Skin mite dermatitis in cat can be identified through the symptoms on a physical exam. Mites that are affecting the cat’s skin can be identified through the process of a skin scraping. A skin scraping is a simple test of scraping the top layer of the skin, removing particles to view underneath the microscope. Ear mites will require a swab of the ear and microscopic view for identification.

Treatment of Skin Mite Dermatitis in Cats

Some cats recover from skin mite dermatitis without treatment, but severe cases and cats that are in poor health must receive medical treatment to recover. A common treatment veterinarians use is a lime sulfur dip that the cat is dipped into approximately 1-2 times per week over a month’s time. Mites that are localized in the ears will need to be cleaned out and treated with prescribed drops. 

Recovery of Skin Mite Dermatitis in Cats

The recovery outlook for a cat suffering from whole-body skin mite dermatitis depends on her overall health. Follow your veterinarian’s treatment plan and bring the cat back into the clinic if symptoms worsen, or you do not see an improvement. Preventing re-infestation of mites can be a challenge, but the best preventative method is keeping your feline’s environment clean and keeping her away from potential carriers.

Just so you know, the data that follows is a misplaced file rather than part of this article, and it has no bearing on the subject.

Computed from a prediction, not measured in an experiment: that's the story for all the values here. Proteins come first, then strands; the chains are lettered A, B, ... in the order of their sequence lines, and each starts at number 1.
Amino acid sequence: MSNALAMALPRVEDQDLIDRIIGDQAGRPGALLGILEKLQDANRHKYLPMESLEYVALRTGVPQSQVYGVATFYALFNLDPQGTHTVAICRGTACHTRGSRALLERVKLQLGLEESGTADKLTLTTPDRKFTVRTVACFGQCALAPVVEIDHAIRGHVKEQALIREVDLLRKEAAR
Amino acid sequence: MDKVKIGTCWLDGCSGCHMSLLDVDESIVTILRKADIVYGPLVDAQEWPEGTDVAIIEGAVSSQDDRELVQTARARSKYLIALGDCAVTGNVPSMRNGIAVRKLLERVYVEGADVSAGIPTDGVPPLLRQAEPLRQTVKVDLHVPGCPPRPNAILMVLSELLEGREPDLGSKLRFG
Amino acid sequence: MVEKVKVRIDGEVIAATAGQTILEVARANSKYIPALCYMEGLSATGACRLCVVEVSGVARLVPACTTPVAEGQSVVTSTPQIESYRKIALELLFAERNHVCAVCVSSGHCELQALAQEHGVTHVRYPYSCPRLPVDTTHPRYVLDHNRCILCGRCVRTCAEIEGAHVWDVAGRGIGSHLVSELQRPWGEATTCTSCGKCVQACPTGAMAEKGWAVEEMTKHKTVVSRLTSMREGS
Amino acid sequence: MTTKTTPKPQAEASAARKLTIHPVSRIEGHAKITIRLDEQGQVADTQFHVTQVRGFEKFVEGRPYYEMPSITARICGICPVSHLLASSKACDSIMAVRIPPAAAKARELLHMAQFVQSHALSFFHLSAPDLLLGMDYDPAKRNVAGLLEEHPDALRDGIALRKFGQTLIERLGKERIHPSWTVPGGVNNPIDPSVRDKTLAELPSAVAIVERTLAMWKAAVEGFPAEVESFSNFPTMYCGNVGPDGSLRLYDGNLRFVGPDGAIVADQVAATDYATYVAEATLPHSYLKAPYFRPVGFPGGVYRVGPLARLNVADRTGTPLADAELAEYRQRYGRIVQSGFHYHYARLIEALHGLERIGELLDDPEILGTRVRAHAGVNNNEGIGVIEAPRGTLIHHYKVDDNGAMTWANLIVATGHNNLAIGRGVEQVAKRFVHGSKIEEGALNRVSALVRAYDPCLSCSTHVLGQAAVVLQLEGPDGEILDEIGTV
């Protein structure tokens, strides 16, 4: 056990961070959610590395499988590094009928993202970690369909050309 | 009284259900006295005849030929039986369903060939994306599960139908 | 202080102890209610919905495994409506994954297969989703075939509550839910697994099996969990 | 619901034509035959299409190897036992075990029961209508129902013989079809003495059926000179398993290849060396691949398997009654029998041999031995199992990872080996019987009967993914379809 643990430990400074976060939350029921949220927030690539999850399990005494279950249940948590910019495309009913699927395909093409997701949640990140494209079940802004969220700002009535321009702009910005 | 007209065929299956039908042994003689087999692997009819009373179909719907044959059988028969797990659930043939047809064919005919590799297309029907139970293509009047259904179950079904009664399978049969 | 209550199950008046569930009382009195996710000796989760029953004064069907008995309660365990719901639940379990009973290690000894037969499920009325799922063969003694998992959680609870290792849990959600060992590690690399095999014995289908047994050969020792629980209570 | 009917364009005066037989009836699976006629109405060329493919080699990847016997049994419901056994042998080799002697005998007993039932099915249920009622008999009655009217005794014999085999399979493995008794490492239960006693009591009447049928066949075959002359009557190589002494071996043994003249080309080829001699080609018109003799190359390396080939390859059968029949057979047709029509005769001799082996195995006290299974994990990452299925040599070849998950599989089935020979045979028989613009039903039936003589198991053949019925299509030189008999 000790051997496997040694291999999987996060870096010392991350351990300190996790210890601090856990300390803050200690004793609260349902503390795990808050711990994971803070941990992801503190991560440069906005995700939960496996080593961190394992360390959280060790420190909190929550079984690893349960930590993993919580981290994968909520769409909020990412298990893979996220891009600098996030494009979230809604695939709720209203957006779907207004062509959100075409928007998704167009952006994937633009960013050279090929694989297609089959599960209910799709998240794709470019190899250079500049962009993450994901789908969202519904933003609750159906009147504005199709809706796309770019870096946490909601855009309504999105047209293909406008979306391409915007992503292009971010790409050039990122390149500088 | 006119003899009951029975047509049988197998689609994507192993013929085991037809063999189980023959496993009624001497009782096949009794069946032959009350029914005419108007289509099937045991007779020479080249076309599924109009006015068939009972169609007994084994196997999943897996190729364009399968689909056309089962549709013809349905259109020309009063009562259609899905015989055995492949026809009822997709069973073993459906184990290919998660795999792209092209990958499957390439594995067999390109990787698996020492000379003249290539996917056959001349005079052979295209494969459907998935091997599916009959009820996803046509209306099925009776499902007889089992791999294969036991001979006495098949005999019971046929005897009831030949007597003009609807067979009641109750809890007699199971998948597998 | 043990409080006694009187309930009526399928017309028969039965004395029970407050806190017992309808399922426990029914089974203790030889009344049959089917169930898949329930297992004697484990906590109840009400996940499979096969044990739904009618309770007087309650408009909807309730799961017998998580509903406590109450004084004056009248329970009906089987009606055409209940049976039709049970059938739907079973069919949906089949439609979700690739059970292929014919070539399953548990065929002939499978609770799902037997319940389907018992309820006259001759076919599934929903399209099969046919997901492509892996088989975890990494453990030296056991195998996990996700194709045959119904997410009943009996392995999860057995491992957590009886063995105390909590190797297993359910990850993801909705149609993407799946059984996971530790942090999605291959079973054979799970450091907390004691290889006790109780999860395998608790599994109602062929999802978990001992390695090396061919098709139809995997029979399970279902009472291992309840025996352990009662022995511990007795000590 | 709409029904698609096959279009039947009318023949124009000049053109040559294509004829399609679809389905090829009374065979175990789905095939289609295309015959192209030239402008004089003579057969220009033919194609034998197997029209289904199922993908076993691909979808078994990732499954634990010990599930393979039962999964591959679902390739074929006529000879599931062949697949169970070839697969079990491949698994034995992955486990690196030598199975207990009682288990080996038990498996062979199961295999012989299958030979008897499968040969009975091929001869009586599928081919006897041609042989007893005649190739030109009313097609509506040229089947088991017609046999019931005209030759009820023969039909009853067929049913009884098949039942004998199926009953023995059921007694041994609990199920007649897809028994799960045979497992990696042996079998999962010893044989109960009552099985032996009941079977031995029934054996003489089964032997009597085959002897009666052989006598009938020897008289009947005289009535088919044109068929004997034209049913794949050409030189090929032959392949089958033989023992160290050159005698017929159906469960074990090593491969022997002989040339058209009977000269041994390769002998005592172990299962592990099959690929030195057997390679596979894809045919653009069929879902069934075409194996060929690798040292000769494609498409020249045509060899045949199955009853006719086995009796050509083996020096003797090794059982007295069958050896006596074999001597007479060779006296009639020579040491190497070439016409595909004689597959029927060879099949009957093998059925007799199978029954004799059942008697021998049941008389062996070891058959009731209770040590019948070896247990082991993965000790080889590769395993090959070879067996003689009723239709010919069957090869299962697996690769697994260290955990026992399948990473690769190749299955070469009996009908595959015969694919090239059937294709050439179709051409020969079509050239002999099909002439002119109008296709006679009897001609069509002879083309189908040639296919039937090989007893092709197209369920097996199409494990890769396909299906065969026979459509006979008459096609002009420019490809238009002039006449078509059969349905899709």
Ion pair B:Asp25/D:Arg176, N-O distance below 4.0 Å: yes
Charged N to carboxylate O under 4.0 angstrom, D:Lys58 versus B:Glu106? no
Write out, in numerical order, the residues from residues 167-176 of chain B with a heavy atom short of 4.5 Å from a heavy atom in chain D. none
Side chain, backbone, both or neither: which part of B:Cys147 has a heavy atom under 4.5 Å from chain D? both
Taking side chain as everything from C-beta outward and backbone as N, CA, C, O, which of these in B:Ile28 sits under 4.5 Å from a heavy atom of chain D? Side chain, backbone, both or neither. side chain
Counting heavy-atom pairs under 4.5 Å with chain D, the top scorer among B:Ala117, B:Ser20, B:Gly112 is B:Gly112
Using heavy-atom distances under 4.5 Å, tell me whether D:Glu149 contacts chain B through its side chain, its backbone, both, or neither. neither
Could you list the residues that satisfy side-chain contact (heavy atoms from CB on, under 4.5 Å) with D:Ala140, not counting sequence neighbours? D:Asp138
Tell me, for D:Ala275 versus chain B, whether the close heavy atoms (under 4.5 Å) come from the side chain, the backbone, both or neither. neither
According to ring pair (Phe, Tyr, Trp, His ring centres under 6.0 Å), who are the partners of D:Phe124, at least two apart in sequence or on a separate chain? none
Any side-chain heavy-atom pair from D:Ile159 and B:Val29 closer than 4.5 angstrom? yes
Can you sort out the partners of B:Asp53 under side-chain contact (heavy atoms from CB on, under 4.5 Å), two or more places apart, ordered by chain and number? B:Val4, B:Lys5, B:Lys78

Skin Mite Dermatitis Questions and Advice from Veterinary Professionals

Mittens
Tom cat
Little over a year old
Moderate condition
0 found helpful
Moderate condition

Has Symptoms

Little black specks all over my cat

What would be little black specks or bugs not sure on my cats tail making him pull out his fur and bleed at the tip of his tail and what can I do to help him ?

Health Expert
Dr. Callum Turner, DVM
1722 Recommendations
Black specks on a cat’s body are usually attributable to fleas; treatment with a flea shampoo, topical spot on medication and using a fipronil based spray around the home is the best course of treatment. Regards Dr Callum Turner DVM

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Kittu
stray
1 Year
Serious condition
0 found helpful
Serious condition

Has Symptoms

Hair Loss